15. avatar NCG says:

    Good article.

    Detroit is also on the cutting edge of urban farming, since all the grocery stores are closing, and there’s a lot of vacant land. This is likely our future, folks. Increasingly, we’ll have to do for ourselves, as resources are diverted upward to the (cough) 1%.

    The rich already have private security in most cities – they’re called the Police. If you’re poor and/or black (or whatever), maybe got busted for some minor beef at some point, you’re already looking at the police as a last resort, since they’re as likely to hassle you as not. The main job of the police in most cities is to protect the haves from the have-nots. I know many individual cops are decent people who will disagree, but that’s how it ultimately shakes out.

    While there is a difference between self defense and vigilantism, I imagine it gets pretty fuzzy in the absence of any effective law enforcement – the cops are not minutes away when seconds count, they might not come until tomorrow, if at all.

    I’ll grind my axe again about the fact that many people lose their 2nd Amendment (and voting) rights bececause of minor, non-violent, usually drug-related crimes they committed when they were young. We talk about Chicago, but there are easily a Chicago’s worth of people all over the country who cannot legally own firearms because of drug convictions. Given that these people are vastly disproportionately black, I’ll bet there are a lot of them in Detroit.

    Finally, check out 911 Is A Joke, Public Enemy, 1990. I’m sure PE is big with the TTAG crowd:

    1. avatar Ropingdown says:

      Agree with NCG. The removal of gun rights due to non-violent offenses, especially DUI, weed possession, or non-violent misdemeanors, is wrong. Many states upped ‘maximum possible sentences’ for these misdemeanors to more than a year-and-a-day to insure judges could keep an eye on substance abuse for a few years, making sure the offender got on the right track, and almost always by means of probation. These states, incidentally, seem not to make those same ‘long misdemeanor’ offenses a basis for gun rights restrictions. College kids (and working non-college kids…) shouldn’t bear such a burden for relatively youthful mistakes. What is more, many offenses which are 30 or 90-day maximums in one state while being up to two years in another. Gun rights should not depend on the state the people lived in at the time of a minor or non-violent offense.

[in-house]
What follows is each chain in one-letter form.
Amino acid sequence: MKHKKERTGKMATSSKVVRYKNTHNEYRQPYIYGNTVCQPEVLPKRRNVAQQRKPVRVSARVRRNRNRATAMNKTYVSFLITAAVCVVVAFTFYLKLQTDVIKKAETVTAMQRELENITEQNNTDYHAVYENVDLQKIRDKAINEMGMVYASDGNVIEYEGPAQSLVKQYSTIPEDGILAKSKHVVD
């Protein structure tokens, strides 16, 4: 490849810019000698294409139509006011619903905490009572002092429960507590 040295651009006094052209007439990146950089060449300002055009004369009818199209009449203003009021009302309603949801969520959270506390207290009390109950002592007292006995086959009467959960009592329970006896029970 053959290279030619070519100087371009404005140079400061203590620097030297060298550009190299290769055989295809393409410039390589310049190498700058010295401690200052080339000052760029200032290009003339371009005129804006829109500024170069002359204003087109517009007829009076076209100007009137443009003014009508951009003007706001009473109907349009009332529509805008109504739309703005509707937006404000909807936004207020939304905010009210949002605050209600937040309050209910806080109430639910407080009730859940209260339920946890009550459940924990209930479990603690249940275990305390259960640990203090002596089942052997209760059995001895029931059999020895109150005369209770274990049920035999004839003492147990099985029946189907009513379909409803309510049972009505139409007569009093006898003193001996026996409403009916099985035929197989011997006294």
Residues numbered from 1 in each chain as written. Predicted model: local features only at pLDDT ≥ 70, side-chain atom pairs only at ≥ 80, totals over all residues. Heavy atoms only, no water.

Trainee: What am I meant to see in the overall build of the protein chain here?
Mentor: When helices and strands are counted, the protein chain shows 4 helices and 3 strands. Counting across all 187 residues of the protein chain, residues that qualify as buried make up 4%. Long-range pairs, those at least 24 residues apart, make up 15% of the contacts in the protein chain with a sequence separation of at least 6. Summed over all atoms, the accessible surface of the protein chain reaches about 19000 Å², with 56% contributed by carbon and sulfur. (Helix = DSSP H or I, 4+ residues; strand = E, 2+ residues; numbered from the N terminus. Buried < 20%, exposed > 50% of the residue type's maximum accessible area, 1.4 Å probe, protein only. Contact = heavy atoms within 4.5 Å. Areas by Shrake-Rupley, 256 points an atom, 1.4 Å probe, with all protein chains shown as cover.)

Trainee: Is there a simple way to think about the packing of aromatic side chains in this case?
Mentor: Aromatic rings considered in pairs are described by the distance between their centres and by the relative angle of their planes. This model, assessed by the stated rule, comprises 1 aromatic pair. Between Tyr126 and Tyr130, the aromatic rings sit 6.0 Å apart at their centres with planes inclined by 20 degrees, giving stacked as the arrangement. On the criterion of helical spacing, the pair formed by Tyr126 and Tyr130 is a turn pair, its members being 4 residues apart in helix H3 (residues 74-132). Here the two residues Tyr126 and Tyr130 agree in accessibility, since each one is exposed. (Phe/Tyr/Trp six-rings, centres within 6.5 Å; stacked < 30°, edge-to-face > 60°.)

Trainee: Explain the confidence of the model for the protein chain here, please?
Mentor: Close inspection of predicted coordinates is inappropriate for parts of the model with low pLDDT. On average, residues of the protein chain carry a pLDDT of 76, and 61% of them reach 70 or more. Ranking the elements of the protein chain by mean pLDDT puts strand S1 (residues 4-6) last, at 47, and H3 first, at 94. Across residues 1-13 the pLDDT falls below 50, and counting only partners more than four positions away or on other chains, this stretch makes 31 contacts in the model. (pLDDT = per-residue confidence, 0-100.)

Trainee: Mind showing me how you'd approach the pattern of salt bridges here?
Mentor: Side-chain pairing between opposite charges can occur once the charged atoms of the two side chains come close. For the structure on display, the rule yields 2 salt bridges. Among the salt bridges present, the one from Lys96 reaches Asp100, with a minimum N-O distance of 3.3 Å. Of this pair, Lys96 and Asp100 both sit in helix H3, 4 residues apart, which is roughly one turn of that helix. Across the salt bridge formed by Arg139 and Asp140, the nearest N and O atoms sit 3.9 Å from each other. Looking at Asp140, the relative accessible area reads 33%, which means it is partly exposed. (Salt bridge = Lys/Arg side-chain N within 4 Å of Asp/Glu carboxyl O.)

1. avatar NCG says:

        And it’s not college kids who usually get busted. It’s kids on the street. College kids commit all sorts of drug felonies with little fear of getting caught (don’t ask me how I know). Kids selling weed on the corner sooner or later go down. I take the Libertarian view that all drugs should be legal, but even if you don’t, the current system is totally unfair.

        1. avatar Erik says:


          People who are fortunate enough to go to college don’t realize this. The police who come on campus see college kids as those who “have a future” but will bust people of the same age from town for a small amount of marijuana. Makes it kinda funny when they write you a ticket for going 5 above the speed limit and tell you “the law is the law.”

        2. avatar Tom says:

          I would agree. The War on Drugs is a war on people. I think I got that out of a Libertarian pamphlet.
          So is Gun Control.

  16. avatar NCG says:

    Small correction , RF, I think it’s “Threat Management Center.” “Threat Management Group” is a big evil Pentagon contractor.

    1. avatar Robert Farago says:

      Doh! Thanks.

  17. avatar Aharon says:

    “I’m an agent of change”
    — What politician started that one-liner?


  18. avatar Shawn says:

    “Anytime a life is lost, we’re concerned,” she said. “But we can‘t be on every corner in front of every home. And we know that there are citizens who will do what they have to do to protect themselves.”
    This quote from a police department spokesperson says it all.

  19. avatar WW Paul says:

    A well regulated Militia, being necessary to the security of a free State, the right of the people to keep and bear Arms, shall not be infringed.

  20. avatar bontai Joe says:

    You guys remember the Rodney King riots in LA in 1992? The police bunkered in their HQ’s and waited it out, leaving the general population to fend for itself. Folks sued the LAPD for not protecting them or their businesses. The supreme court decided in 2005 that the police are under NO OBLIGATION to protect any one individual or property


  21. avatar bontai Joe says:

    Someone told me recently that we should not make fun of the people living in Detroit, because they are living in “Mad Max” times. After reading the post about the EMT’s trying to hide during the New Year’s Eve shooting celebration, I totally believe it.